In the U.S., more than 40 million adults suffer from a mental illness. But that number could jump drastically as a result of the impacts of climate change, experts warn.
"Climate-related changes to weather, resulting in flooding and hurricanes, storms, wildfires, rising sea levels, droughts, are the perfect setup to cause individuals already with mental illness to have a flare and create new symptoms for those that didn’t have mental illness before," said Caroline Carney, M.D., chief medical officer for Magellan Rx Management, the pharmacy benefit management division of Magellan Health.
For example, following Hurricane Katrina—the devastating Category 5 hurricane that hit the U.S. Gulf Coast in 2005—studies showed that 49% of adults developed an anxiety or mood disorder and one in six developed PTSD, Carney said.
Most people are familiar with the initial shock and grief following an incident like a hurricane or a fire. But many more possible chronic psychological consequences can occur after a natural disaster such as anxiety, PTSD, compounded stress, strains on social relationships, depression, anxiety, suicide, substance abuse, aggression and violence, loss of control, loss of identity, and feelings of helplessness.
Among the concerns is the impact of displacement as a result of sea level rise or other environmental changes. Similar to being forced to migrate from a home environment, a phenomenon known as solastalgia—a feeling that the person is losing a place important to them—can occur. In fact, a common prediction is that 200 million people will be displaced due to climate change by 2050.
Yavar Moghimi, M.D.,, medical director of behavioral health for AmeriHealth Caritas District of Columbia, has been working with the Medicaid population and marginalized communities in Washington, DC, for some time, and some of his patients happen to be displaced from Hurricane Katrina. “One patient pretty much relocated up to the DC-area and never went back to his home town or New Orleans. Just imagine leaving New Orleans, with its unique culture,” Moghimi said.
And Moghimi says that while PTSD, anxiety and depression can develop, other behavioral disorders can be hard to define, such as dealing with the loss of family or culture.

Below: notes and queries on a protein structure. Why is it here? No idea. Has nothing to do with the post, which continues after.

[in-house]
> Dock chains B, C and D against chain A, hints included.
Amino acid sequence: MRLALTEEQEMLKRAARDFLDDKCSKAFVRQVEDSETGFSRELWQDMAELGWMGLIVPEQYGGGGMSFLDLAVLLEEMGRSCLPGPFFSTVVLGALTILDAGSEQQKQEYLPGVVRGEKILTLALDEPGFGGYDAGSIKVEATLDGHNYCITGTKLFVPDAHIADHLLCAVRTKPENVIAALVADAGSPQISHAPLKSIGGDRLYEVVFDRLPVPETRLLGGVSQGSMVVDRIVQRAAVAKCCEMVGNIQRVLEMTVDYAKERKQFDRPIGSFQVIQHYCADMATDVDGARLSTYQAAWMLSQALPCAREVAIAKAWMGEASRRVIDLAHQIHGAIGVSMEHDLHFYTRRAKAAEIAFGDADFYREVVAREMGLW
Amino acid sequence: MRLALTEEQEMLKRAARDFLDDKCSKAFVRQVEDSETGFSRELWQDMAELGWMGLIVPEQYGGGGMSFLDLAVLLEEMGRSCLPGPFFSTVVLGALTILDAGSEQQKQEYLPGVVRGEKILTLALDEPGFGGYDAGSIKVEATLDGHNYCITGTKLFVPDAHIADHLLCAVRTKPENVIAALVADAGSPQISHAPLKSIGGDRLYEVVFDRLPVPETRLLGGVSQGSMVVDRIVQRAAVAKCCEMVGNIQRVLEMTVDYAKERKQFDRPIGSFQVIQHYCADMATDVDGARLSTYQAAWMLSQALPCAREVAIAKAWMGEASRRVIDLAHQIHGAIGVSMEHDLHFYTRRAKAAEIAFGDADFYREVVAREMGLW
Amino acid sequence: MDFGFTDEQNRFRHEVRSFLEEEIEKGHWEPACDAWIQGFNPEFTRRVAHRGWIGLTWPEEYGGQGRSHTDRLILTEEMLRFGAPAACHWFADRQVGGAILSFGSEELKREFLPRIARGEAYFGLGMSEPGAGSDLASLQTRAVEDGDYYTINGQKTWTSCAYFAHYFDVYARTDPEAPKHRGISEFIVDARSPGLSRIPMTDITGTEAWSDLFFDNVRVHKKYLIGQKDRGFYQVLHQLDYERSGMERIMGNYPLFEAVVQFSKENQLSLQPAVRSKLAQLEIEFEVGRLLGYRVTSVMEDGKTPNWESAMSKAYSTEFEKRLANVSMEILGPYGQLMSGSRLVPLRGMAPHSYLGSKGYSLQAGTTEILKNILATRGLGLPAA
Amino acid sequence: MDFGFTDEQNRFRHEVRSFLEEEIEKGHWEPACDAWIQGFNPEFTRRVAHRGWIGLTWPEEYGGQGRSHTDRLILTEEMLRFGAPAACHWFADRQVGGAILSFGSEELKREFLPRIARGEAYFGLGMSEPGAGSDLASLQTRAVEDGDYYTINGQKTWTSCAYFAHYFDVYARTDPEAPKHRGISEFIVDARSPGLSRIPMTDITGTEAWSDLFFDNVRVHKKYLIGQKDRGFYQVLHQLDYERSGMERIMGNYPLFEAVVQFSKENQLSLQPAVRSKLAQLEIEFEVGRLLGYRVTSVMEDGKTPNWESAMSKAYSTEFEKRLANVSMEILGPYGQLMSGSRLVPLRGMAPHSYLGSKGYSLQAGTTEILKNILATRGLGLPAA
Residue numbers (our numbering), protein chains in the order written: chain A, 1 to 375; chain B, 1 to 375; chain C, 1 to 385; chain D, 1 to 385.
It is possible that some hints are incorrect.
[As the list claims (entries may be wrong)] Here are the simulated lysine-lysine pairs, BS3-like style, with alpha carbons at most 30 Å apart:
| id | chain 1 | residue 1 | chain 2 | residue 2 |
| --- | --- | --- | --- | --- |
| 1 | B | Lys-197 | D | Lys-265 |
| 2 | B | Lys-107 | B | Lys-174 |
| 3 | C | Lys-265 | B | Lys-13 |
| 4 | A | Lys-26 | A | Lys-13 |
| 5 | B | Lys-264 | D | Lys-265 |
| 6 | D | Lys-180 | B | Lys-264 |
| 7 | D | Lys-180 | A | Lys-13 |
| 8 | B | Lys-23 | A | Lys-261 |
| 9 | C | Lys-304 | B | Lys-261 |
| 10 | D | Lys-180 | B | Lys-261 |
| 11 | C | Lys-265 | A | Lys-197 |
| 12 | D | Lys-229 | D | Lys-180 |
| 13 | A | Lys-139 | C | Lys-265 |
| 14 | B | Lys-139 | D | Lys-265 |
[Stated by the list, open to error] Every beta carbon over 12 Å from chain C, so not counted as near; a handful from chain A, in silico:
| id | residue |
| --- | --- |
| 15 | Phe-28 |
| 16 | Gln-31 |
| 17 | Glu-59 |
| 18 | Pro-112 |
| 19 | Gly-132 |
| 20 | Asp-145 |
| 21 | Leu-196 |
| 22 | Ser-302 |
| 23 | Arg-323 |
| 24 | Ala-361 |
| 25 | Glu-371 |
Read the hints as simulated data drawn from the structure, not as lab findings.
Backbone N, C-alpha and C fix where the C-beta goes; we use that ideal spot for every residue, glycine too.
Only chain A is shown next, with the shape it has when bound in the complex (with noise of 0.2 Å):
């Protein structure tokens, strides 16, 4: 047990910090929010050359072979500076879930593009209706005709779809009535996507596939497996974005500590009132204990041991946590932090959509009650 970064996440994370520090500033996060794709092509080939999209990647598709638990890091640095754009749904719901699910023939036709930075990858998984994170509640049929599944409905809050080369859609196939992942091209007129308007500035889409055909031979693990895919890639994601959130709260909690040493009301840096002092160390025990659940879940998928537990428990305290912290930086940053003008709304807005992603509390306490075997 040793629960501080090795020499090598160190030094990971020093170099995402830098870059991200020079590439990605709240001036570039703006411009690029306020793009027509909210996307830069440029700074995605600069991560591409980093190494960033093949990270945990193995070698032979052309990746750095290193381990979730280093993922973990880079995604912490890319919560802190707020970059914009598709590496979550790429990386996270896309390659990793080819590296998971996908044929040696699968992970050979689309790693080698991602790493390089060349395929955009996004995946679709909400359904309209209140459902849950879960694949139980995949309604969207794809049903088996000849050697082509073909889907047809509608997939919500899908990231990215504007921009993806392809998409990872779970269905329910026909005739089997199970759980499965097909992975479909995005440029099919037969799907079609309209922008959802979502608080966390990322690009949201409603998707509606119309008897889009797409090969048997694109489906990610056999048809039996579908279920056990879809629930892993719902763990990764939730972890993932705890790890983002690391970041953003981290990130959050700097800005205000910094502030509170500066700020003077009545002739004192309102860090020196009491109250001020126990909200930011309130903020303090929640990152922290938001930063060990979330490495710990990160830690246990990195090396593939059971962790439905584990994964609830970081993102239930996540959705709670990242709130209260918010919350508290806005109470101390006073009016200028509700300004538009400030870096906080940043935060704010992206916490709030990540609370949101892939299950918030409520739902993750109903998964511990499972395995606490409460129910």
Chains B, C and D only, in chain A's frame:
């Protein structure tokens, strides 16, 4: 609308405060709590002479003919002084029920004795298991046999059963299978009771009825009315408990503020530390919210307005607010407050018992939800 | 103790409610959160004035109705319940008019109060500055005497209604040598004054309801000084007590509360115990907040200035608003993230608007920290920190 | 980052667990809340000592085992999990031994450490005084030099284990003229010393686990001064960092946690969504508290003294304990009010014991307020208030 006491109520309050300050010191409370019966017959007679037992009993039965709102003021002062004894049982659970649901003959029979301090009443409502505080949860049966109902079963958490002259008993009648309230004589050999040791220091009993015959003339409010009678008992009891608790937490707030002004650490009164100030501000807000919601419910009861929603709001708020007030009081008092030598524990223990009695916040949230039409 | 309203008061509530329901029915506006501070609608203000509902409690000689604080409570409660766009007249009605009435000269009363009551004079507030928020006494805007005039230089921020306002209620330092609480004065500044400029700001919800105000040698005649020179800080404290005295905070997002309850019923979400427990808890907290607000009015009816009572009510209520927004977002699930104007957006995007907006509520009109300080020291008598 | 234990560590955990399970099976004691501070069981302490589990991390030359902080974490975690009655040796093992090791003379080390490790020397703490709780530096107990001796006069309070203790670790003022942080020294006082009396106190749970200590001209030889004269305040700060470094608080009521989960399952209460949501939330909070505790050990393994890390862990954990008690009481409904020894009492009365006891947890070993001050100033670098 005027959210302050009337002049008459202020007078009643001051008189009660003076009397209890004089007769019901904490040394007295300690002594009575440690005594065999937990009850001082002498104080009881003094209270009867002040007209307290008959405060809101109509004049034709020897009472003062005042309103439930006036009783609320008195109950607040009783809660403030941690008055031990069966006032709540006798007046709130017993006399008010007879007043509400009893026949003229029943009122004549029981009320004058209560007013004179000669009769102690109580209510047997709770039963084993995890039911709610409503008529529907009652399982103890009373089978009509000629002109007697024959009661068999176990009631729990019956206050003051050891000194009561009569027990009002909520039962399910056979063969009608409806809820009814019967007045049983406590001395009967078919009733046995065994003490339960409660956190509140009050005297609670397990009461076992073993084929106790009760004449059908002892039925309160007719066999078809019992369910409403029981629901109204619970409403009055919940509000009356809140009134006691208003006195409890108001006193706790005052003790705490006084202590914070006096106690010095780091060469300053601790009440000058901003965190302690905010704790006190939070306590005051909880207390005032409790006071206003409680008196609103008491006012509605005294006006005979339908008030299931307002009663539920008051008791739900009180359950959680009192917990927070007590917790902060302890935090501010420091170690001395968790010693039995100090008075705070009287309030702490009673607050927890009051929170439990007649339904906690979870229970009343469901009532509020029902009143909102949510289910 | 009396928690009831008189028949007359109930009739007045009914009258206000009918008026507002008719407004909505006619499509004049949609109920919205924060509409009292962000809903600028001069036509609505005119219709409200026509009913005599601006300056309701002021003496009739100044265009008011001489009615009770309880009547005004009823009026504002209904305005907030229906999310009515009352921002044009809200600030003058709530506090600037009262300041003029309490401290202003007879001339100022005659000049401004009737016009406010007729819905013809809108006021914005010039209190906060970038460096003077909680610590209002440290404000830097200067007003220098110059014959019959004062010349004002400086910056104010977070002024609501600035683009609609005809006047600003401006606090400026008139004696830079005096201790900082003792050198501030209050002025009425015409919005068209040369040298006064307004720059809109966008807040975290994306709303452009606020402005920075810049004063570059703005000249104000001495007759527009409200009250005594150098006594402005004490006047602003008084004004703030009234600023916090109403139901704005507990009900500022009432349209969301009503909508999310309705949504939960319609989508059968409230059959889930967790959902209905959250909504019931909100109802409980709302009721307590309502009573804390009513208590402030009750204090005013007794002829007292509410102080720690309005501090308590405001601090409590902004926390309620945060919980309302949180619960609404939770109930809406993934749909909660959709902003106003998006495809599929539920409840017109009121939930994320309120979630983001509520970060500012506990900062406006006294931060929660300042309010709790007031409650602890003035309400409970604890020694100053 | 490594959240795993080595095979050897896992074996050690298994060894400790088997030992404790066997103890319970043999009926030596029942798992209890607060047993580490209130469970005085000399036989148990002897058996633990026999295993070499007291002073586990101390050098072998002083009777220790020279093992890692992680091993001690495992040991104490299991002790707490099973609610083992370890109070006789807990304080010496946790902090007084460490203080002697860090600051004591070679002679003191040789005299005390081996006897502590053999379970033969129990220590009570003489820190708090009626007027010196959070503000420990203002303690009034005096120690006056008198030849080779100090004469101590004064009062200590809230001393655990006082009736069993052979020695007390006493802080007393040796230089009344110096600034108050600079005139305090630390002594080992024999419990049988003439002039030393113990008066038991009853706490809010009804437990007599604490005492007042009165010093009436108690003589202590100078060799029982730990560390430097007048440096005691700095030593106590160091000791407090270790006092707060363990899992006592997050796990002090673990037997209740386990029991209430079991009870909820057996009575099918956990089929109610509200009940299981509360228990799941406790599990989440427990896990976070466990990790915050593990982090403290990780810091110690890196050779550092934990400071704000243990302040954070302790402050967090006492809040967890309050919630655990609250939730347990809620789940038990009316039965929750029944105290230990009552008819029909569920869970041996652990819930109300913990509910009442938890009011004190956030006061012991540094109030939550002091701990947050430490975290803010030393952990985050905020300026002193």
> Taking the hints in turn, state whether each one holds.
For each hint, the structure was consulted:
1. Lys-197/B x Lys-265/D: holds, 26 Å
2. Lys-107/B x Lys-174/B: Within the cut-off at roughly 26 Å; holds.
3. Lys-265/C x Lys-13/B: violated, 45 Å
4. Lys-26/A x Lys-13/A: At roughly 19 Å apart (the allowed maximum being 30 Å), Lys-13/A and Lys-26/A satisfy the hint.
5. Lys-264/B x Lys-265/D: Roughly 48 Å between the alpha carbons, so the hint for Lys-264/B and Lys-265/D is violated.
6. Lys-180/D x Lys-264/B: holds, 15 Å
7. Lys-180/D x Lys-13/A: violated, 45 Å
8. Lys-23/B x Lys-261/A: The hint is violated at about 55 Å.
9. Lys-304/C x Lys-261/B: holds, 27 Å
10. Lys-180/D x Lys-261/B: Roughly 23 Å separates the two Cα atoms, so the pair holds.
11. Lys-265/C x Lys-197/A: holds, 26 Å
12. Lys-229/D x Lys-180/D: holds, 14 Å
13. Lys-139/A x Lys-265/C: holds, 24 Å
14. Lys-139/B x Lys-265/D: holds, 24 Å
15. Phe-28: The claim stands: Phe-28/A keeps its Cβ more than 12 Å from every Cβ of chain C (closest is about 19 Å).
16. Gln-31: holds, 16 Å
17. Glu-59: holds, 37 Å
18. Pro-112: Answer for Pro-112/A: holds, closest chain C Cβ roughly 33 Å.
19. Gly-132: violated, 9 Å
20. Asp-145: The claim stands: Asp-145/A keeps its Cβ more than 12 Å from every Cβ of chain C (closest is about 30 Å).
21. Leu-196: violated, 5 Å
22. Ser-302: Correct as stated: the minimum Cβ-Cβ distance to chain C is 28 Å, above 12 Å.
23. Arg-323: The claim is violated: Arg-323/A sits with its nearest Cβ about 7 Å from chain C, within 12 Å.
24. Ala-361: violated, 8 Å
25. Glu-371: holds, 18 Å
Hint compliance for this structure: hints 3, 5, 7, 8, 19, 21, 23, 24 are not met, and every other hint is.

“My fear is that the marginalized are most impacted by these types of events,” he said. “We have to be much more mindful of who will be impacted, in a proactive way.”
Children and young adults are especially vulnerable and are on the minds of many behavioral health specialists. Jim Laughman, executive director of PerformCare, the behavioral health and managed care arm of AmeriHealth Caritas, believes that while mental health has come a long way in the past 10 years, there are still challenges to overcome surrounding children and trauma.
According to a study from Kaiser Permanente and the CDC, people who had four or more adverse childhood experiences were 12 times more likely to commit suicide. And physically, the propensity for lung and heart disease is higher among people who are traumatized.
“The healthcare industry does not understand the complete impact of childhood trauma on physiology and health outcomes,” he said.
What can be done
As with other healthcare issues in the U.S., it's important for providers to recognize that certain communities are at greater risk of mental health issues due to climate change. For instance, individuals who live in communities where agriculture is a staple profession, or where the geography is more vulnerable to storms and rising seas, are more likely to experience negative mental health impacts.
More impoverished communities, too, tend to suffer the most during natural disasters. For example, following Hurricane Sandy, lower-income residents reported weak or absent social support networks and reported the greatest percentages of severe depression following the storm.
One of the challenges seen with these at-risk communities is getting them comfortable enough to open up to a mental health worker. When someone is not willing to come and say they have had trauma, it’s the healthcare worker’s job to spot this trauma and help them through work with community partners.
Moghimi says there are psychological first-aid and crisis intervention programs that have proven to help people bounce back from a trauma more quickly. However, mental health workers need to get to these populations where and when they are needed.
This is a space where Carney believes peer interventions could work really well. Peers could go into the communities hit by a disaster and talk about the mental health resources available. It’s also a place for telehealth and digital technology to continue ongoing care.
Magellan, for instance, has apps for substance abuse, anxiety, depression, and identifying symptoms and guided therapy. “At Magellan, we open up our call center lines so that our mental health clinicians can talk to individuals and get them triaged to other services,” Carney said.
But she notes an increased need for hospital emergency departments to recognize when mental illness may be present, as PTSD may not present itself for weeks or months after a trauma or disaster ends. Prolonged help is often important since a person having a hard time finding shelter and food is not likely to prioritize mental health resources. “Basic hospitals can and should focus as a public health interventions center and a pillar for the disadvantaged,” Carney added.
Carney sees a need for developing more mental health content specific to climate change and natural disasters for educating providers. “There is a tremendous need for many people to use the public mental health system, and so we need to train primary care providers in mental health,” Carney said.